Vladimir Nabokov

NABOKV-L post 0001351, Sun, 13 Oct 1996 19:15:35 -0700

Re: Double Dactyls & VN (fwd)
EDITOR'S NOTE. My thanks to the Pascals for the message below and
especially for unearthing the "Proust/groused" Double Dactyl that has been
buried in the back of my mind for 30 years.
---------- Forwarded message ---------- Date: Sun, 13 Oct 1996 18:04:31
-0700 (PDT) From: Naomi Pascal <nbpasc@u.washington.edu>

While acknowledging the magnanimous "Editor's Response" to my
perhaps too-testy communication about DDs, I cannot resist
forwarding a message sent to a classics email list just today. In
answer to a request for help in teaching Latin meters by using
English phrases that approximated them, the following suggestion
was made:

"One form which might be fun is double dactyls--Anthony Hecht has
done several poems in this (traditionally humorous) form.
Longfellow's 'Hiawatha' for hexameters in English--and young
students would probably find it entertaining."

The reference to the relentlessly trochaic "Hiawatha" is, of
course, a mistake for "Evangeline," which is indeed written in
dactylic hexameters. But this does at least indicate that the DD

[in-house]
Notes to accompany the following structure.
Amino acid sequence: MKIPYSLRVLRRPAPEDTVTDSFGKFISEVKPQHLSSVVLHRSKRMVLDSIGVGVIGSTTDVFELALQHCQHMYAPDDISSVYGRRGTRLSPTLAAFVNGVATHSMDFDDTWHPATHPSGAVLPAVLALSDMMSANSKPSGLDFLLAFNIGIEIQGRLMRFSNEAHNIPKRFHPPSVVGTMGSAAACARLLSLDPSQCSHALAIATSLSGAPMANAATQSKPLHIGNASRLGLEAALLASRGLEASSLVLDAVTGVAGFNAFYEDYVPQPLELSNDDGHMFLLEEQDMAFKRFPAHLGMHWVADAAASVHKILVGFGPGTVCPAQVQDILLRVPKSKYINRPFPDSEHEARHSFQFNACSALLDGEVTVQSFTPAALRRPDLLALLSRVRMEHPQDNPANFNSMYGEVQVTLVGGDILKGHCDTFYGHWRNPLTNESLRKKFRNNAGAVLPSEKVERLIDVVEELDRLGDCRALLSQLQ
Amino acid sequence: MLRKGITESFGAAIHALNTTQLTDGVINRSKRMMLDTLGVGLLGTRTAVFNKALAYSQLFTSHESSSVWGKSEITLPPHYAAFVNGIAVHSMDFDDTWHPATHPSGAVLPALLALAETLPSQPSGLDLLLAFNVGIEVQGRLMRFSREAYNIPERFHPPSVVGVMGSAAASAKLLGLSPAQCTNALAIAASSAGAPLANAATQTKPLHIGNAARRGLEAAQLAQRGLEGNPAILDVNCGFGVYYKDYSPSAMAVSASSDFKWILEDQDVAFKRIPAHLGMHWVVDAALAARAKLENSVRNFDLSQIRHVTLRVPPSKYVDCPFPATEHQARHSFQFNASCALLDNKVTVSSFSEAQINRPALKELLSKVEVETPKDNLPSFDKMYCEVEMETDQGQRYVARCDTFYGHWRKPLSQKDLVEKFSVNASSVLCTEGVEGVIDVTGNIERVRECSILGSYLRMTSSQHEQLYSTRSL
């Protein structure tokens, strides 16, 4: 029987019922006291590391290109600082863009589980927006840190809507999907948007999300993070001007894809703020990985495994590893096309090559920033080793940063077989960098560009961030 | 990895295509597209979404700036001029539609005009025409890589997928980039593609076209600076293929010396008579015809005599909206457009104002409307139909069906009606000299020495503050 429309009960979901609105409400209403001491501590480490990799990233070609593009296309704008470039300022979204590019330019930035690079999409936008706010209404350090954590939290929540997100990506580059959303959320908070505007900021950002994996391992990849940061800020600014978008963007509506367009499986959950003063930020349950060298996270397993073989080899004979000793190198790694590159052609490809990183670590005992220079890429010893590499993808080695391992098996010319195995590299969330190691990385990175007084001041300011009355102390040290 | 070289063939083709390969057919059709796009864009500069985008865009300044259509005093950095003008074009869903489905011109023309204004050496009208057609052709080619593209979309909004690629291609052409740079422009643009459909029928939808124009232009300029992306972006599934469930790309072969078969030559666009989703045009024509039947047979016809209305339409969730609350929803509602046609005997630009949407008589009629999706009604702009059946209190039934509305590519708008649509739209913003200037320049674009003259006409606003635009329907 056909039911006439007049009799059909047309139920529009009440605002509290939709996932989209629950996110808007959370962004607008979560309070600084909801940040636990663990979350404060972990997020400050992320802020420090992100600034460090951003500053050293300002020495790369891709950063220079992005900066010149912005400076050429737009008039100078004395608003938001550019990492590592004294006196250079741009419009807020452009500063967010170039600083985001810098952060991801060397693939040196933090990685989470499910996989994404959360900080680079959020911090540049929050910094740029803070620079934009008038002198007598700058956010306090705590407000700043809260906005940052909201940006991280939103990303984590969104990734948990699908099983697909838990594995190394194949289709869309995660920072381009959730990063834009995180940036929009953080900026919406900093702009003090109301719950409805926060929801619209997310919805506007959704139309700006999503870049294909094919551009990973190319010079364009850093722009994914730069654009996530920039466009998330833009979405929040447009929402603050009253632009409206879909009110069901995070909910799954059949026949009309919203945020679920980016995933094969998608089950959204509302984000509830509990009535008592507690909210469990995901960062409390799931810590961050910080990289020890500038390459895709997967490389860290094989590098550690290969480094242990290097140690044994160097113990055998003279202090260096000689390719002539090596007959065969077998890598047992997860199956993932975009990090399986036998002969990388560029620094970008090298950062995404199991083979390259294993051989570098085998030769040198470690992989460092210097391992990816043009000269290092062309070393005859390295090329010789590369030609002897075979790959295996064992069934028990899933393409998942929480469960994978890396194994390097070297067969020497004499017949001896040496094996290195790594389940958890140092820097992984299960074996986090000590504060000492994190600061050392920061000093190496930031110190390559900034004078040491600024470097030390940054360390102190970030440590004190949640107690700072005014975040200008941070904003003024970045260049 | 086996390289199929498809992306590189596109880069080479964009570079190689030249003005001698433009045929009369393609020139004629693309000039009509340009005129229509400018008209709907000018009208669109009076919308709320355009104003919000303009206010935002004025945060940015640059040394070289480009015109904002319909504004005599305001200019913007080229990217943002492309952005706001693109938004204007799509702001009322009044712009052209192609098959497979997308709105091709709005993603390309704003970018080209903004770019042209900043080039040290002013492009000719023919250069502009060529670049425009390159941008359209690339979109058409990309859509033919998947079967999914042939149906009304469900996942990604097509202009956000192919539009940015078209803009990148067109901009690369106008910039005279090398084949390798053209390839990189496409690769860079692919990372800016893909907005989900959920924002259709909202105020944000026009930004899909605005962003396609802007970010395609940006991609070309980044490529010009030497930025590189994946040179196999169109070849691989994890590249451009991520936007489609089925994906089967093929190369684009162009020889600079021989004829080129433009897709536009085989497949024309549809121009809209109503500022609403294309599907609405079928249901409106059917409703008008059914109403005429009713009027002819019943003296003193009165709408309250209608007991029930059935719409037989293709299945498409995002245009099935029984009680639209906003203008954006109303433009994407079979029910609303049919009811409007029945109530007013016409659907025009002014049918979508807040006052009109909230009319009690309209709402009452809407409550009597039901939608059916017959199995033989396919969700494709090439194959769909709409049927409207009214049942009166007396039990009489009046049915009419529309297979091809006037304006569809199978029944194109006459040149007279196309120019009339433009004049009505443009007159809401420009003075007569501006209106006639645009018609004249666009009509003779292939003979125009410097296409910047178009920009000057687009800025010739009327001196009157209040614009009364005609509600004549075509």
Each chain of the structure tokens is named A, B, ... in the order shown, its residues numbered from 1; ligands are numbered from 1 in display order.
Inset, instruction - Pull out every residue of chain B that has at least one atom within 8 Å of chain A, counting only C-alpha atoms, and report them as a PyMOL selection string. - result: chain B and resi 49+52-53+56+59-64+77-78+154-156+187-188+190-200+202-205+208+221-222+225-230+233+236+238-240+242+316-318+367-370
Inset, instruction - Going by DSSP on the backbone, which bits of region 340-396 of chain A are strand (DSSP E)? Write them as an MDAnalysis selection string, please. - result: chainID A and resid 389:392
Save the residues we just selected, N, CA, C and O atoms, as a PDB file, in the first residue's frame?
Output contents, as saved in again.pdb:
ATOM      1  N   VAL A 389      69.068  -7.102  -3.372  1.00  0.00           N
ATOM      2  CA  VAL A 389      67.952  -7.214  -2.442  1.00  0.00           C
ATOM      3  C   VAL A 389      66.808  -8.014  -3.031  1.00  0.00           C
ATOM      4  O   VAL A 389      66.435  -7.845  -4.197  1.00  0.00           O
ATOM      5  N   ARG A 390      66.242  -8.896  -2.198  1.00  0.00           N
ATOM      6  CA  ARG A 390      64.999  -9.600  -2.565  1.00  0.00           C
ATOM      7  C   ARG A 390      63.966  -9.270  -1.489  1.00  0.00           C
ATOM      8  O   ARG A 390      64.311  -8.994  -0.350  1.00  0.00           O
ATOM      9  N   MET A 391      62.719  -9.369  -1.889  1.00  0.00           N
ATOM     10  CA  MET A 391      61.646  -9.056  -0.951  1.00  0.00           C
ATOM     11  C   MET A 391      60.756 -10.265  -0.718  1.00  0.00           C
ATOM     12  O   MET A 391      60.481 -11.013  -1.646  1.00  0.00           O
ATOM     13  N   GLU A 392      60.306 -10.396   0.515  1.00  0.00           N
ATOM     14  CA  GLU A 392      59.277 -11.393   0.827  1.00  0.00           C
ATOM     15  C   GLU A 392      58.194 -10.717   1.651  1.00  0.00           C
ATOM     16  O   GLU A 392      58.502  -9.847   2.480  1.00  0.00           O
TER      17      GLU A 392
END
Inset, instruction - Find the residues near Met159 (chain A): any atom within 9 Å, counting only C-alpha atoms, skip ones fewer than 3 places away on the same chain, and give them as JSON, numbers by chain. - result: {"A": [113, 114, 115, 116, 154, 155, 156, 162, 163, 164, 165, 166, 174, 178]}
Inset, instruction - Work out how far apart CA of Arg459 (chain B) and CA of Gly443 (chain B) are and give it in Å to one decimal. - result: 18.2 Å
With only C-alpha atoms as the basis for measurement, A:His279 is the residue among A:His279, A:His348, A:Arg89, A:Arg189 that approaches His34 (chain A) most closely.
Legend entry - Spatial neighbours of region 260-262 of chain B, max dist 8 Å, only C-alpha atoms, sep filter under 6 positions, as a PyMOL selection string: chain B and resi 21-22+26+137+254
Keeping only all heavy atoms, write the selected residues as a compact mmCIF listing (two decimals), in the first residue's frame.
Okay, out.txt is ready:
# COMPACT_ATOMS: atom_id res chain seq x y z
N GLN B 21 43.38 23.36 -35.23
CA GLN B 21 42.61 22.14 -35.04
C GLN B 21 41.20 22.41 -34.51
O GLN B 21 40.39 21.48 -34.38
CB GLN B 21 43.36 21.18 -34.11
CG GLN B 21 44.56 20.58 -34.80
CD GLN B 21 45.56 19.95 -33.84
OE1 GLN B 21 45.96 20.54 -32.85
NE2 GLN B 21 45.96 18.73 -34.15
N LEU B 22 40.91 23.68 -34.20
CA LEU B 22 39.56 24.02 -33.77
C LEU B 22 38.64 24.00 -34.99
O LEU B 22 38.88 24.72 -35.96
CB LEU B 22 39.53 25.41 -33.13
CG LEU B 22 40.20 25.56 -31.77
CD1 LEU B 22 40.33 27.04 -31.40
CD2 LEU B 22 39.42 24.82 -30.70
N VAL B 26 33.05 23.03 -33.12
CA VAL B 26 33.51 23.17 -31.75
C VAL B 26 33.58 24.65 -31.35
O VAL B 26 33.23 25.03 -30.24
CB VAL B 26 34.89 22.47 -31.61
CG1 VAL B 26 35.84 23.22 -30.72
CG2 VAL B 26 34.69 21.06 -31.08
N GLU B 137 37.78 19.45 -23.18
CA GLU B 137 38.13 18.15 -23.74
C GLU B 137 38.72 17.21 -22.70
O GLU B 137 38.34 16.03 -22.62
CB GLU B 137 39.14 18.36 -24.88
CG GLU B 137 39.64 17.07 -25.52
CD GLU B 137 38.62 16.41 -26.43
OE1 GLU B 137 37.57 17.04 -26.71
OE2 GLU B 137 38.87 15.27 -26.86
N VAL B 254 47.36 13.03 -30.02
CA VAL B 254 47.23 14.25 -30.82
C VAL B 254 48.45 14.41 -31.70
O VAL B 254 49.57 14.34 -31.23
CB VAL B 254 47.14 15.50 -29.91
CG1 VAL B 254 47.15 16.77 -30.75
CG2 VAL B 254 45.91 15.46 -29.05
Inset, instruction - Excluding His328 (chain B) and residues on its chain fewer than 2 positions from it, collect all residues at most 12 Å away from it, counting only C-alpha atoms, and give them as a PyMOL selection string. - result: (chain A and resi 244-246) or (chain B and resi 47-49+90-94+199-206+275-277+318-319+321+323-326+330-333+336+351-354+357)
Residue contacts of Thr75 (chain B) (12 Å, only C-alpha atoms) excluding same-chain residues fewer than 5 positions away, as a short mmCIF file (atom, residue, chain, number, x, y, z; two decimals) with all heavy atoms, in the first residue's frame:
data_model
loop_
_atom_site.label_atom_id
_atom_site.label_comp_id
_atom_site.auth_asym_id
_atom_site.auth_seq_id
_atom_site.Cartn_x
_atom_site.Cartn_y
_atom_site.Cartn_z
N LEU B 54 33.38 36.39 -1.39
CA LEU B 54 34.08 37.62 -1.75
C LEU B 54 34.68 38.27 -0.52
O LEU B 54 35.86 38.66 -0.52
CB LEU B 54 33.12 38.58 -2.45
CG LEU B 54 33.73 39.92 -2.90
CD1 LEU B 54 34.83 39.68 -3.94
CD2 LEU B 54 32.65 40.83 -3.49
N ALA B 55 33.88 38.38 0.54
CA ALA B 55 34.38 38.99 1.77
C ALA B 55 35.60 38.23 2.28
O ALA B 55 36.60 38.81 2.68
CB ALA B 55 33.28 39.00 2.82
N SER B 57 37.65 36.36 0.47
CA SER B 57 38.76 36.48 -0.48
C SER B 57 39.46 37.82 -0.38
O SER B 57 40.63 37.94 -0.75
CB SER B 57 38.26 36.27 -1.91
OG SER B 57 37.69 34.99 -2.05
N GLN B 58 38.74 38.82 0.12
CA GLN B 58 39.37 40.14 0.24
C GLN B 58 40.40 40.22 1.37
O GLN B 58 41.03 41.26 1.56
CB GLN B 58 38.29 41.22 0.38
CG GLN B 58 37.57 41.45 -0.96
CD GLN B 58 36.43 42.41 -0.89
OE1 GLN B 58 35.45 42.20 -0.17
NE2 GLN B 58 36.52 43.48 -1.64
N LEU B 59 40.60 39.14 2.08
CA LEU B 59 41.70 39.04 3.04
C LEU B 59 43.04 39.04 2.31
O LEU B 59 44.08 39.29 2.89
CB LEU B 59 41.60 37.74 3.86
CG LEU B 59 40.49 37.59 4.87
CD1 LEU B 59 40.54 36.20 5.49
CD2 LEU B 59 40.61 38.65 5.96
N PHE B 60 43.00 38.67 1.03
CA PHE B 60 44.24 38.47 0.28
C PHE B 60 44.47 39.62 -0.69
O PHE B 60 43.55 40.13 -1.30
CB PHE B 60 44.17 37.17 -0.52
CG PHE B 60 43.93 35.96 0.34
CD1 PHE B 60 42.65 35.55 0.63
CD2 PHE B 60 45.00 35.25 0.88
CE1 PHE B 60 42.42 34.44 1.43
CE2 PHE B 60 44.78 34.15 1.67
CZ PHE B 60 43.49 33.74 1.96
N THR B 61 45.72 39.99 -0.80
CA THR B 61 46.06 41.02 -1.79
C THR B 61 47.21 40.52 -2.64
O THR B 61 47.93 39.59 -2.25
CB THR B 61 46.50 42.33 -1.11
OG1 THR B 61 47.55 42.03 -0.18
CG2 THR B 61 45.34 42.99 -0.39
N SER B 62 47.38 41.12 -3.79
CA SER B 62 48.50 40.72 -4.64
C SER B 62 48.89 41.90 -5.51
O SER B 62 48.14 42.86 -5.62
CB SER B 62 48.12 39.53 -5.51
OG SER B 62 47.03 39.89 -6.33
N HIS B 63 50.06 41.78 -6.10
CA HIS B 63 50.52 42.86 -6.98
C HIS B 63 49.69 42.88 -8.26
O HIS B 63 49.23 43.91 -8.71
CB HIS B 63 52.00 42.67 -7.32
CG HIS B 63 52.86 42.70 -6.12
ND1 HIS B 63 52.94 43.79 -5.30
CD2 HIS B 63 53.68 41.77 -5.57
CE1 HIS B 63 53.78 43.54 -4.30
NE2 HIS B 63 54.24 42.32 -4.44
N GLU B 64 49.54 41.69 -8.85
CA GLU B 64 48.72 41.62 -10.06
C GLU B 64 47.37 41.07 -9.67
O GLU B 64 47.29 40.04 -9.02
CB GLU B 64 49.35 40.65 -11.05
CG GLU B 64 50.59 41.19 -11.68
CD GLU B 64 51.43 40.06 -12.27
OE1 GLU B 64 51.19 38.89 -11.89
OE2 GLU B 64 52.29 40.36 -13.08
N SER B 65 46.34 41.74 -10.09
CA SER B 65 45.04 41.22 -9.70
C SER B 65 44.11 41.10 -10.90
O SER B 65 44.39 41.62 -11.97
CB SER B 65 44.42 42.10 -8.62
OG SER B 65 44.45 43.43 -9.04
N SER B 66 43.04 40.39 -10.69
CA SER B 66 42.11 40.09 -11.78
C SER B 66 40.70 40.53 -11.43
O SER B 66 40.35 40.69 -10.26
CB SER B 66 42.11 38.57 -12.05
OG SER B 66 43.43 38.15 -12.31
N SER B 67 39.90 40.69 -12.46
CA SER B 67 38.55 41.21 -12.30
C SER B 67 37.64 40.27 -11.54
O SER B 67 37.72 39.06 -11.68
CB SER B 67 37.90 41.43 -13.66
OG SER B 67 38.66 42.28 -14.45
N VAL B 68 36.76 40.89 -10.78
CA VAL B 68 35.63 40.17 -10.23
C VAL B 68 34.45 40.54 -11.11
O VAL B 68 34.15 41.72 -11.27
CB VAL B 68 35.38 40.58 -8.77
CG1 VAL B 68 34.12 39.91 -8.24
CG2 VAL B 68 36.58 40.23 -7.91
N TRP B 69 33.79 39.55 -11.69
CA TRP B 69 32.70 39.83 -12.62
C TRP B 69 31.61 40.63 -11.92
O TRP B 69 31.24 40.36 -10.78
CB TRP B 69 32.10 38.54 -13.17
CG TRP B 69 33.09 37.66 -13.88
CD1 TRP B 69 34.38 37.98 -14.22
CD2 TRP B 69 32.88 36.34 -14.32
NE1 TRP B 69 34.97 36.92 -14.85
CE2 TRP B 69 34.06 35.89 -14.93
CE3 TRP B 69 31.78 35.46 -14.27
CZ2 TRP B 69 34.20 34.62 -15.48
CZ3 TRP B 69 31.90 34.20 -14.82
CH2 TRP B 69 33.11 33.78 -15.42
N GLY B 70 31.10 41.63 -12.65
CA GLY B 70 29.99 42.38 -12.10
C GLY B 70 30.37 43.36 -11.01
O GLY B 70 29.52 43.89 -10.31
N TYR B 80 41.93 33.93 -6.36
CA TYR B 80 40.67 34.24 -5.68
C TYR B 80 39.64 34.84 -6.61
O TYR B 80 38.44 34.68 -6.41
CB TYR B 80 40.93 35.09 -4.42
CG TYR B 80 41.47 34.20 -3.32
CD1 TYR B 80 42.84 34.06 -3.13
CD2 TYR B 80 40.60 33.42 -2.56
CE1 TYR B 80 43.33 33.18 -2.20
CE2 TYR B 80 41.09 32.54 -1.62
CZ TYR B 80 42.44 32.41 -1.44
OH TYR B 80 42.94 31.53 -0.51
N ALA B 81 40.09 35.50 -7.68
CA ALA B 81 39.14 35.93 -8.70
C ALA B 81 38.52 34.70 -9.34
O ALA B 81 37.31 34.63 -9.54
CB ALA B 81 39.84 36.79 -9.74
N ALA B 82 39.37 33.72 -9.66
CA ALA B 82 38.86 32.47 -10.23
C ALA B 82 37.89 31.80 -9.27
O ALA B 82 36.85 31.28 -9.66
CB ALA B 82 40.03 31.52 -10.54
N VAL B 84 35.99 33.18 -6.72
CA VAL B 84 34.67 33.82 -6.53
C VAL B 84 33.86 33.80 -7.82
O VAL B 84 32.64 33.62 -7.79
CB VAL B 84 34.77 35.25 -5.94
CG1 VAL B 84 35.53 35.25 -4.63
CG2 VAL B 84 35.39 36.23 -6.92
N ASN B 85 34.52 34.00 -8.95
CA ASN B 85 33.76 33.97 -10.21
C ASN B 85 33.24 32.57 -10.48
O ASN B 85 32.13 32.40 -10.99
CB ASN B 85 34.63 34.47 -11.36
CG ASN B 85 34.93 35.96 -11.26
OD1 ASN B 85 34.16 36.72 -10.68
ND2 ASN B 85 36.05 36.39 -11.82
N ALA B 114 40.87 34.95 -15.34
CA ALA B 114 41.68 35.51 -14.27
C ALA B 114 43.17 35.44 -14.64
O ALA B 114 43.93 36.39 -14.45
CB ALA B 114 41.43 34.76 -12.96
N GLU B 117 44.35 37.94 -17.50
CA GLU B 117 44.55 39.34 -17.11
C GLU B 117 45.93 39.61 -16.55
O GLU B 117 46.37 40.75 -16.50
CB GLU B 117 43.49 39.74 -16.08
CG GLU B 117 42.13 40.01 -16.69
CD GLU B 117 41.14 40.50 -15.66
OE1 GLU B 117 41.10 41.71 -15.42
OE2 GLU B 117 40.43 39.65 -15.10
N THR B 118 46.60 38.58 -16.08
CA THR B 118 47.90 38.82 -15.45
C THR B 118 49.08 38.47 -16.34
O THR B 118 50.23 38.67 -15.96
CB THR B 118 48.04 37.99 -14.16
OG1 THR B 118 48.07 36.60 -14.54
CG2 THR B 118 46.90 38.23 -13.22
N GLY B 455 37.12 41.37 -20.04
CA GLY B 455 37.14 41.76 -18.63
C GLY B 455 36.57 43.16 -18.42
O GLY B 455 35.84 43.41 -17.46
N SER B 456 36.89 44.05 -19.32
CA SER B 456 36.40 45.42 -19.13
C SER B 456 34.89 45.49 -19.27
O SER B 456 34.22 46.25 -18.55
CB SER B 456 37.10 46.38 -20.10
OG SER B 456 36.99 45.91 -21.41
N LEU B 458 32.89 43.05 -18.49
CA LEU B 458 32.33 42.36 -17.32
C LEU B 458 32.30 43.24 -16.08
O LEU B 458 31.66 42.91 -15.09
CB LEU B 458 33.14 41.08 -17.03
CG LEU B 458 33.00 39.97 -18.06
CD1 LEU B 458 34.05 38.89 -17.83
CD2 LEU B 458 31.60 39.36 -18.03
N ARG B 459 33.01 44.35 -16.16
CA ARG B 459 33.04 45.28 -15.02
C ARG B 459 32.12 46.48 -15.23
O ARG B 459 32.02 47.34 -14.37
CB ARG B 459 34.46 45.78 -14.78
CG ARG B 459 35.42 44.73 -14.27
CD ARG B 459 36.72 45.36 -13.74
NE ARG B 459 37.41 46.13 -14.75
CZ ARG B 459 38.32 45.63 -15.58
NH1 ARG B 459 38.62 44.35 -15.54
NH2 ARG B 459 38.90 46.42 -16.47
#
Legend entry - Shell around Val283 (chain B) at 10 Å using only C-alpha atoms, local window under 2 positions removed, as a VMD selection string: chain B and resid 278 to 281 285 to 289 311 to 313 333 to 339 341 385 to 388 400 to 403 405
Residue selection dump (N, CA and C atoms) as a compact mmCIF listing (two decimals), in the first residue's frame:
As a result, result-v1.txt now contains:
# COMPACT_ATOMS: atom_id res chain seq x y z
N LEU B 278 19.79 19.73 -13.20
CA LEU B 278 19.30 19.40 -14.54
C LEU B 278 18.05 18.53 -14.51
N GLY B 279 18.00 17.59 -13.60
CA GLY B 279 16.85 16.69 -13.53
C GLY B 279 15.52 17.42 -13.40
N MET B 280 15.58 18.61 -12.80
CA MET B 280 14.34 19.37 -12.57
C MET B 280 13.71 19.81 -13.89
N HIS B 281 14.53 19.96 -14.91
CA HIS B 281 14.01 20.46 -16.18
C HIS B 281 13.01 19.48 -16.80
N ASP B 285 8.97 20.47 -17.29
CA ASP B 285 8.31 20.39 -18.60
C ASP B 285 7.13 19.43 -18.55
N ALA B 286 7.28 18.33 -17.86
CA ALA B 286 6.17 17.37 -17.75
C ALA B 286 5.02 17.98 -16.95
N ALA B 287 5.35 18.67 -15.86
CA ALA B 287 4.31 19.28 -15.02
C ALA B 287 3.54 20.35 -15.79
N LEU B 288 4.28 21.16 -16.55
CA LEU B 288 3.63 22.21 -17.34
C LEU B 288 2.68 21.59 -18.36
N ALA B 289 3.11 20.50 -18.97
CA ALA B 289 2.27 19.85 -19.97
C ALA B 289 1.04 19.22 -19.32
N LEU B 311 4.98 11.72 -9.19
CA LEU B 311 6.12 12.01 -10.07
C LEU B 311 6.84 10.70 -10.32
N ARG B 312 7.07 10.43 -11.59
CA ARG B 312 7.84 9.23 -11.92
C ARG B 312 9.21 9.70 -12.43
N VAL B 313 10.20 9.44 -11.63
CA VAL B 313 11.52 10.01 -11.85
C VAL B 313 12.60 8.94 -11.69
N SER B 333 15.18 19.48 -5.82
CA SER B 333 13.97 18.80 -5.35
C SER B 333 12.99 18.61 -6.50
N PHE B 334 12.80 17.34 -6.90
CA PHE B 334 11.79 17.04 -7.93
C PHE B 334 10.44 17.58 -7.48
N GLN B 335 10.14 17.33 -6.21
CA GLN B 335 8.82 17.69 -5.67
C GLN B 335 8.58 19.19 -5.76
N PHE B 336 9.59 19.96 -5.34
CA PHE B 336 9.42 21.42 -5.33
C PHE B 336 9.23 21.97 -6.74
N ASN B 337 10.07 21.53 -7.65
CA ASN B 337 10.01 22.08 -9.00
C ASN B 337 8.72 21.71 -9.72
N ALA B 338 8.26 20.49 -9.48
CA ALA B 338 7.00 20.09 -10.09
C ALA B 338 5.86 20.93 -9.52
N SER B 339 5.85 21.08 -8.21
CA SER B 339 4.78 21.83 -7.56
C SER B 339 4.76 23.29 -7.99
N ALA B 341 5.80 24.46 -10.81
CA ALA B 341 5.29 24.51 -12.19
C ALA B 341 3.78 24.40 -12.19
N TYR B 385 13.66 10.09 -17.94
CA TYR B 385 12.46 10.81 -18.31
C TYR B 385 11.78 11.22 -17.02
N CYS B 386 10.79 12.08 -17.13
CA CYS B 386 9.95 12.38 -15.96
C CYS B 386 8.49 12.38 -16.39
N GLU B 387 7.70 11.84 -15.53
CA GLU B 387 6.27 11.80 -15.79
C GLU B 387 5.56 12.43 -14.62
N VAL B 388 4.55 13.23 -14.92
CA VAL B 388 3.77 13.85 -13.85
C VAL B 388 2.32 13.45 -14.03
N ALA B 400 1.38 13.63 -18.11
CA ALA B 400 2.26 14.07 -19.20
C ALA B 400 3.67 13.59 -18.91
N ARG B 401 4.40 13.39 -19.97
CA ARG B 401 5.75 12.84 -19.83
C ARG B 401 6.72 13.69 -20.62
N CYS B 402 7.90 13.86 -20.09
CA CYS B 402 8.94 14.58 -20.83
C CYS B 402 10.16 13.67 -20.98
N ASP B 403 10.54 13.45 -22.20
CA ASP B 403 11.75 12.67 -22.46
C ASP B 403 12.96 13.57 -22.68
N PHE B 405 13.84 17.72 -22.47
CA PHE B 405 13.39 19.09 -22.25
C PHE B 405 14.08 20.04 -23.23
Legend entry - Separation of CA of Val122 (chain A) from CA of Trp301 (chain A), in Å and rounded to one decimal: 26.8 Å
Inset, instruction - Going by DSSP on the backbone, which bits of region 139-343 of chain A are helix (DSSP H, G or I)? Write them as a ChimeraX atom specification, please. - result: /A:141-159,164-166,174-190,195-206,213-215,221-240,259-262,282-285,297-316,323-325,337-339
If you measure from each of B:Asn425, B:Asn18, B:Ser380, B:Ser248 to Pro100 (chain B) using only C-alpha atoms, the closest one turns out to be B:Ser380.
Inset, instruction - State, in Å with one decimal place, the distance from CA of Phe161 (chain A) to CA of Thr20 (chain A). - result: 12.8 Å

is not yet DeaD.

On this same dreary Sunday, my husband has located what we think
must be the DD Don Johnson had in mind, which does indeed include
a mispronunciation of Proust (and avoids VN's last name
altogether). It was written by George Starbuck and appears--along
with many other DDs--in _Pith and Vinegar: An Anthology of Short
Humorous Poetry_ edited by William Cole and published by Simon
and Schuster in 1969. Here it is:


Agatha Christie to
E. Phillips Oppenheim,
"Who is this Hemingway?
Who is this Proust?

Who is this Vladimir
Whatchamacallum, this
Rabble?" she groused.

Naomi B. Pascal
Associate Director and Editor-in-Chief
University of Washington Press